This is a polyphonic synthesizer. It was the hardest of all my machines to make because there is a separate synth circuit for every note on the keyboard. The synth circuits are made from; 22 oscillators+octave dividers from early 70s Yamaha organs, 88 square wave to sawtooth converters, 88 envelope generators, 88 VCAs, 88 state variable filters, 88 LED drivers.
What does that block of LEDs do
If you look at the top photo, above the keyboard there is a cluster of LEDs. The LEDs are a representation of the keyboard and each LED outputs a note from the keyboard. I use a hand held light sensor to pickup the signal, and turn it into sound. You can play a chord on the keyboard and use the light sensor to fade from one note to another.
I think I damaged my eyesight making it because of all the hours spent staring at tiny components.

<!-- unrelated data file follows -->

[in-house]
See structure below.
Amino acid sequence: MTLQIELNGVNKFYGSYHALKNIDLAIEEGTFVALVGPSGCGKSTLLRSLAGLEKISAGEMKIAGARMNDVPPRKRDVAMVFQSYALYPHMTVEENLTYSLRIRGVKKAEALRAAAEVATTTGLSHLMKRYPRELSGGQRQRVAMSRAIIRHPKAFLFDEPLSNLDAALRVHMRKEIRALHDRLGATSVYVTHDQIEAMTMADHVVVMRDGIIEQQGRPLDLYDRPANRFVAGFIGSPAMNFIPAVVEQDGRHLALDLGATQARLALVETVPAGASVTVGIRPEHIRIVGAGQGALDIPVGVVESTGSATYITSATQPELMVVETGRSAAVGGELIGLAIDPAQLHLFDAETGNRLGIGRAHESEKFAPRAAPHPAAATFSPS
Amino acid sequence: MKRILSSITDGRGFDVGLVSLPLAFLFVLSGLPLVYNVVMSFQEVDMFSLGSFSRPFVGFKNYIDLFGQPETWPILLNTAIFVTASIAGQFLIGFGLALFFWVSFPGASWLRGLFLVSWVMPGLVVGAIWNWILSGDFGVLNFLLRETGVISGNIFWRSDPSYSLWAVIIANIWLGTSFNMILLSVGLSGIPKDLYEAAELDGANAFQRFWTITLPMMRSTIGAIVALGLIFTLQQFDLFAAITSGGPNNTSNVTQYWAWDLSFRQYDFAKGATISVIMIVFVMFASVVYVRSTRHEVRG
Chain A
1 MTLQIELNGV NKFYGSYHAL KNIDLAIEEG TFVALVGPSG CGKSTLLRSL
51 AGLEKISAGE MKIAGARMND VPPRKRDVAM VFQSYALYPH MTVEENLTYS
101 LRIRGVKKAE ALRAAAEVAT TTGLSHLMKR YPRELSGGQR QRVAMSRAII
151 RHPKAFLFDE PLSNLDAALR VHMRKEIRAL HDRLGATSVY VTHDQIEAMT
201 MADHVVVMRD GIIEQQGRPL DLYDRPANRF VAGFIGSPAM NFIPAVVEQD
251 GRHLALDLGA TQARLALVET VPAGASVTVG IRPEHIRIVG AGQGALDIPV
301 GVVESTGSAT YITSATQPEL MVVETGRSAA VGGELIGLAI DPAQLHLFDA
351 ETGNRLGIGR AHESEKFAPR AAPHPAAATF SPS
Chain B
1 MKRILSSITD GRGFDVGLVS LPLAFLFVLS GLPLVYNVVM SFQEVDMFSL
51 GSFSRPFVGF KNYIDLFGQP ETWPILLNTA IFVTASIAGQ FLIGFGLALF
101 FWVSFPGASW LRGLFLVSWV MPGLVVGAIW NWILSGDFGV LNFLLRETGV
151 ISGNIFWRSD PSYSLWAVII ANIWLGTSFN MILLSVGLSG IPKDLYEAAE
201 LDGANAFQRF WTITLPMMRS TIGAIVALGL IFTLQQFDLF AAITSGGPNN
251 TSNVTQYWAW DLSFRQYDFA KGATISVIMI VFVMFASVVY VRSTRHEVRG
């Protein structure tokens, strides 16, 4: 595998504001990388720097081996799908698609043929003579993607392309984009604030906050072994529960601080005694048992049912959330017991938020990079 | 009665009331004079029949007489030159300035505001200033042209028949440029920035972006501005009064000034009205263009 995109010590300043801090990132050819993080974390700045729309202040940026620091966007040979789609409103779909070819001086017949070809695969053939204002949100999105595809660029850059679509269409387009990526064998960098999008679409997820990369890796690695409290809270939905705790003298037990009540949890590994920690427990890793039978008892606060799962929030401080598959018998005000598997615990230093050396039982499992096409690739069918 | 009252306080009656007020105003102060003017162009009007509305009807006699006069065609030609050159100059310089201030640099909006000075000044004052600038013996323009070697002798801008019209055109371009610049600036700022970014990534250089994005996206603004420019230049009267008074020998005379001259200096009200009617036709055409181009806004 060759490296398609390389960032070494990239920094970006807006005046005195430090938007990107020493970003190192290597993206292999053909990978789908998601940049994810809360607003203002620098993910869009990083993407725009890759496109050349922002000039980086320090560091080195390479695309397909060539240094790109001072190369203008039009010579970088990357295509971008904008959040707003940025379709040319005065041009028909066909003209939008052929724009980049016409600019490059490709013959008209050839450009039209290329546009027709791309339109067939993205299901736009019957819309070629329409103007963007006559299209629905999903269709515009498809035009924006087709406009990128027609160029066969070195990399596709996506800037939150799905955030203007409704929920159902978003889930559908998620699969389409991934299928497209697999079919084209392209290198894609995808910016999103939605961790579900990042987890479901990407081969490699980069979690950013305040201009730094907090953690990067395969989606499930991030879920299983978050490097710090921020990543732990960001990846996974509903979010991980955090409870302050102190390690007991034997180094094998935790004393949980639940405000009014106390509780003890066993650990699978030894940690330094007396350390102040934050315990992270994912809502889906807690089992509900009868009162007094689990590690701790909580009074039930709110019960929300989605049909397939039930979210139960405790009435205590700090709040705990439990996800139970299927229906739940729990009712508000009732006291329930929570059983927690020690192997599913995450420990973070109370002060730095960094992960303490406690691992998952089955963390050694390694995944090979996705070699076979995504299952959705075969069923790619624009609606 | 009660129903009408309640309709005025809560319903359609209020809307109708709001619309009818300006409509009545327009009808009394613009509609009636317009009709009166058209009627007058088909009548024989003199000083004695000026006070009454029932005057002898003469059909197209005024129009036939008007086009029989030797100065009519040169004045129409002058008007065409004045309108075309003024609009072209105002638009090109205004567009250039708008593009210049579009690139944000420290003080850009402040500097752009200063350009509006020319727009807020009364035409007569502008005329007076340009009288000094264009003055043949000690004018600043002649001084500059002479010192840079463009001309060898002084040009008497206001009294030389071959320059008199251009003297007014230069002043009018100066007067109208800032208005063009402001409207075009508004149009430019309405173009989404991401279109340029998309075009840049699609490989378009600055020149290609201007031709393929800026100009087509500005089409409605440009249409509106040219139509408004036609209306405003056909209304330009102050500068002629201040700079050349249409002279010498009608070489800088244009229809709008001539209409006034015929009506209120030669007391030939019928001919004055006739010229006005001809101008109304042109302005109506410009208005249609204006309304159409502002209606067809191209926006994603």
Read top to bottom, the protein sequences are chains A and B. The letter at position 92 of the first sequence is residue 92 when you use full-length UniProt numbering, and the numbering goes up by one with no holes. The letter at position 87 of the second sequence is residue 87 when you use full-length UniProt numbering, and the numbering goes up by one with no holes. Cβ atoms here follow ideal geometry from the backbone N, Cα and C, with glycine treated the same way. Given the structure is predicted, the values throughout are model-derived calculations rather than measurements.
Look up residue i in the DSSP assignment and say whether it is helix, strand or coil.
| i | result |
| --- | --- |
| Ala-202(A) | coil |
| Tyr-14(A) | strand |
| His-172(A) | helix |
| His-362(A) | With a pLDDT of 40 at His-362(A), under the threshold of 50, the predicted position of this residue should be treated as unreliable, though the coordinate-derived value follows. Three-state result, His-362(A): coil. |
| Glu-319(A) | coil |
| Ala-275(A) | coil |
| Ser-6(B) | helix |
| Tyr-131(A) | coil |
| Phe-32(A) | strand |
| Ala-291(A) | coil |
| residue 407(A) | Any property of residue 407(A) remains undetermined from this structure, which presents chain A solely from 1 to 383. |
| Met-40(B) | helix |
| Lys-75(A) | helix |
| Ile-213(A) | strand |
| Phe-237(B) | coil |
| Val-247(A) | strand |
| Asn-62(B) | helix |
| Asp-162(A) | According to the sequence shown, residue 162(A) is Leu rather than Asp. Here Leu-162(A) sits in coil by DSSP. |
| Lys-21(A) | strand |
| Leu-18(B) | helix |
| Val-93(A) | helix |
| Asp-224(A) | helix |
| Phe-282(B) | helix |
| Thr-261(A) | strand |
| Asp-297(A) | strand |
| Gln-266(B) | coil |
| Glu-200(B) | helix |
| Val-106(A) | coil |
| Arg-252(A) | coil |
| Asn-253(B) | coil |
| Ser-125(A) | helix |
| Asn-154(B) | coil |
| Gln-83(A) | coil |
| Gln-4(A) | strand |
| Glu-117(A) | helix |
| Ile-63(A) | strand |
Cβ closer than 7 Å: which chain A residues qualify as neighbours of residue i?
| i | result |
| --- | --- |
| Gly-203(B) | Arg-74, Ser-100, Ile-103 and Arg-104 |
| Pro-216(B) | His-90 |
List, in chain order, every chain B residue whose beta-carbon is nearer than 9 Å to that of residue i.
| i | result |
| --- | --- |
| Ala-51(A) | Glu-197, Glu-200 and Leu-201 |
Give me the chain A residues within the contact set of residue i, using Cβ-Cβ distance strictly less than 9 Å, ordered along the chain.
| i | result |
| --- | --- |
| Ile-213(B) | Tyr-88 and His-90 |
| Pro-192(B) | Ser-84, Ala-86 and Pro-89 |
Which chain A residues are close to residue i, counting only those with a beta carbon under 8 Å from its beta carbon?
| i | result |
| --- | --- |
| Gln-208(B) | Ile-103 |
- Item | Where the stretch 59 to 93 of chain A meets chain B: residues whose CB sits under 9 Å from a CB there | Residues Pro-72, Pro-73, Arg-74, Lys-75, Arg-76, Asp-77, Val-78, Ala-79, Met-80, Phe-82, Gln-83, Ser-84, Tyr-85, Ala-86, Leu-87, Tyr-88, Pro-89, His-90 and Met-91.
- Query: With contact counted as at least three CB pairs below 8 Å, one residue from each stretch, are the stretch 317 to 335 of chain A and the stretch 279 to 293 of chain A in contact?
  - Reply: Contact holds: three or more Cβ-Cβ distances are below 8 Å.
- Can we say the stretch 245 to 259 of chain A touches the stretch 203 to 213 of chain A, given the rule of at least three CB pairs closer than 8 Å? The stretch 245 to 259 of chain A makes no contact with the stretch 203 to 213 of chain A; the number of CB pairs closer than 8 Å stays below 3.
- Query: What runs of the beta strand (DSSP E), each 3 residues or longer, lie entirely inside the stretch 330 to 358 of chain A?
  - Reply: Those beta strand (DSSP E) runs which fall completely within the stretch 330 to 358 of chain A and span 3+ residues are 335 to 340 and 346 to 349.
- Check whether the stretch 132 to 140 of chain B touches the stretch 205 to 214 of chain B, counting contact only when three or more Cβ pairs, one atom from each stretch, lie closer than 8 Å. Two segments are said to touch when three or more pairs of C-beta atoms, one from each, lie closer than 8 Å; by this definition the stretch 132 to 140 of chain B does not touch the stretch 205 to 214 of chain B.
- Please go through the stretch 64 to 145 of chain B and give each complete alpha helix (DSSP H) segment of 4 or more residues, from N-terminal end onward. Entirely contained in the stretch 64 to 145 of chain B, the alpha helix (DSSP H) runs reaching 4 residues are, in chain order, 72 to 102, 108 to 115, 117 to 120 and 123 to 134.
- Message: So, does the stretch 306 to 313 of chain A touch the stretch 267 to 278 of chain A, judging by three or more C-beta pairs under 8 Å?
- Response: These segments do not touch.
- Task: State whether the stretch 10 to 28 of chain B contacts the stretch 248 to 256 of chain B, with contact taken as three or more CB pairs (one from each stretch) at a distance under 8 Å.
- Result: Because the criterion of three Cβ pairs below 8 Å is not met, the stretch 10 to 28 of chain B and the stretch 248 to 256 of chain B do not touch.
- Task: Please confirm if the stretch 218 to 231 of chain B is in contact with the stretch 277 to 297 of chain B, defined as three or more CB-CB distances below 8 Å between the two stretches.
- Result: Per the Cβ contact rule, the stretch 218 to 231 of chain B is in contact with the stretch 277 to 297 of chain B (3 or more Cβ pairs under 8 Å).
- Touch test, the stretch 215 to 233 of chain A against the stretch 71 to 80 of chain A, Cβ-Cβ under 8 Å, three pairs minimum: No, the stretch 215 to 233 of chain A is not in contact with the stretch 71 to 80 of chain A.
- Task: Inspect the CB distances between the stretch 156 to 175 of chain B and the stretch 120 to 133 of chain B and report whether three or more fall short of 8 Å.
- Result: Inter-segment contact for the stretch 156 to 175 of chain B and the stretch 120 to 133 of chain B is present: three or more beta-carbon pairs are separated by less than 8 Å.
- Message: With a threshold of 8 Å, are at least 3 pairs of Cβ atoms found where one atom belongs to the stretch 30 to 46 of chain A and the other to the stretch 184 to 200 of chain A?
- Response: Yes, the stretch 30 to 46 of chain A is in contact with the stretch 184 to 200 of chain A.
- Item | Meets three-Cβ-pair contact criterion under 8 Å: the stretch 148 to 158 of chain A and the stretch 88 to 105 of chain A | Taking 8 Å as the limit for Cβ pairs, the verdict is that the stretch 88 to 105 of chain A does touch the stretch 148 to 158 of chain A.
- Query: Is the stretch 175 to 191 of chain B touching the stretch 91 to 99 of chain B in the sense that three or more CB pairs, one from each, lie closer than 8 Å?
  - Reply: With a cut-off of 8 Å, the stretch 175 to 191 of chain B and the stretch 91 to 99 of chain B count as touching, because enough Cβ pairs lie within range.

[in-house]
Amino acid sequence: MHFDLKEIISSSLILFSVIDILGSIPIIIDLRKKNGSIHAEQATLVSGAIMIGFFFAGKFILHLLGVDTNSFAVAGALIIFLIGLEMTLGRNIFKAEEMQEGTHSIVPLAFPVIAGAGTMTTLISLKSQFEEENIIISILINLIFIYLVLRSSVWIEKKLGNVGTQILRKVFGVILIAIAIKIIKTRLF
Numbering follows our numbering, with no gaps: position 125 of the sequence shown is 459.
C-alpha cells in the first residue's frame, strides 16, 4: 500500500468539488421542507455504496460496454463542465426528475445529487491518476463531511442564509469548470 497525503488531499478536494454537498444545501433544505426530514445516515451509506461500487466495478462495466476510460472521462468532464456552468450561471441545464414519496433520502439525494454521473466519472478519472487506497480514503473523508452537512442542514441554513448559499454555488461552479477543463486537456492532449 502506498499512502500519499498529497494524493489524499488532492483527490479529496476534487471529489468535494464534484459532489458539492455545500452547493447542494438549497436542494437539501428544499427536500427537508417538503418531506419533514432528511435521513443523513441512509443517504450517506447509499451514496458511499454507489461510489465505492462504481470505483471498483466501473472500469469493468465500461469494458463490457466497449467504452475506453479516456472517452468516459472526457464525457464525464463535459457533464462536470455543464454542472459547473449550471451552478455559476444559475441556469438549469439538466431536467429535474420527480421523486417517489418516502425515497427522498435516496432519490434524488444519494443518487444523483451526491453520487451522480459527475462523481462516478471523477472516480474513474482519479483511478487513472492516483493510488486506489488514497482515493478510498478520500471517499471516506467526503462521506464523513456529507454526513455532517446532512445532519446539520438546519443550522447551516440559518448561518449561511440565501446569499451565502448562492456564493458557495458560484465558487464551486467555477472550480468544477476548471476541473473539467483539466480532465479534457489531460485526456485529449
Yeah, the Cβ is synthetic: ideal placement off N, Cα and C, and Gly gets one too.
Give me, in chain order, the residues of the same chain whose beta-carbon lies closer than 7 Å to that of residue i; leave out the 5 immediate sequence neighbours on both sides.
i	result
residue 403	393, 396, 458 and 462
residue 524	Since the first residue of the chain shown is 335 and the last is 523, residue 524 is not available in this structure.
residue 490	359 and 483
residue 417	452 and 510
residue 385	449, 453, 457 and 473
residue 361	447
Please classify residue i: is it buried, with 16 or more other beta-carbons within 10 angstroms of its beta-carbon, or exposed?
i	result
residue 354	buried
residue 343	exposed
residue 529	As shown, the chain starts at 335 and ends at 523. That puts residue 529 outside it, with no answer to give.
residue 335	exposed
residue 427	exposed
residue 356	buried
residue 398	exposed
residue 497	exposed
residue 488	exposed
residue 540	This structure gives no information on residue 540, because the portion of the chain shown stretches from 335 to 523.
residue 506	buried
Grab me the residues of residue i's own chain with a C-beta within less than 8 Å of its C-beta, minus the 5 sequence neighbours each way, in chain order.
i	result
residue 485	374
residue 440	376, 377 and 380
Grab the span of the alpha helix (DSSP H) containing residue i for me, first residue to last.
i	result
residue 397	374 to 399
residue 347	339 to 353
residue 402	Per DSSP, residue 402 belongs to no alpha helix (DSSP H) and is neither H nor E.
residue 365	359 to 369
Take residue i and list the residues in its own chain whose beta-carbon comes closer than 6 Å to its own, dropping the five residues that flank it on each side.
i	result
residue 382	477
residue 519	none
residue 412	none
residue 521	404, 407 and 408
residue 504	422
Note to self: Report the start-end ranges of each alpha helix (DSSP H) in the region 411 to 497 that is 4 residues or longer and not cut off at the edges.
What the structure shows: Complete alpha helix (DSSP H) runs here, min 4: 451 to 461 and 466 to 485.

Each of the 88 notes has it's own filter. The filters are tuned to the note to which they are attached. I guess this is similar to a vibraphone with it's pipe resonators tuned to each note, only with this synthesizer they can all be swept together using one fader. You can hear the polyphonic filter sweep at the beginning of this sound.Sound 1 spooky.mp3
Most instruments we use today are tuned in equal temperament. This one is tuned in Just Intonation. You may think that my system looks complicated but it is tuned to simple frequency ratios, the same ones that have been used by musicians for thousands of years. They are so natural that I was able to tune them all by ear, and I've got a terrible sense of pitch, I can't even sing Happy Birthday in tune.
Most musicians don't understand the science of tuning and are unaware of just intonation, but to the ears the difference is obvious. Listen to my sound files. You can hear something special in the sound even though I am not playing anything that special.Sound 1 spooky.mp3
When I finished making it I was very pleased with how rich the sound was. I don't really know why it sounds so good!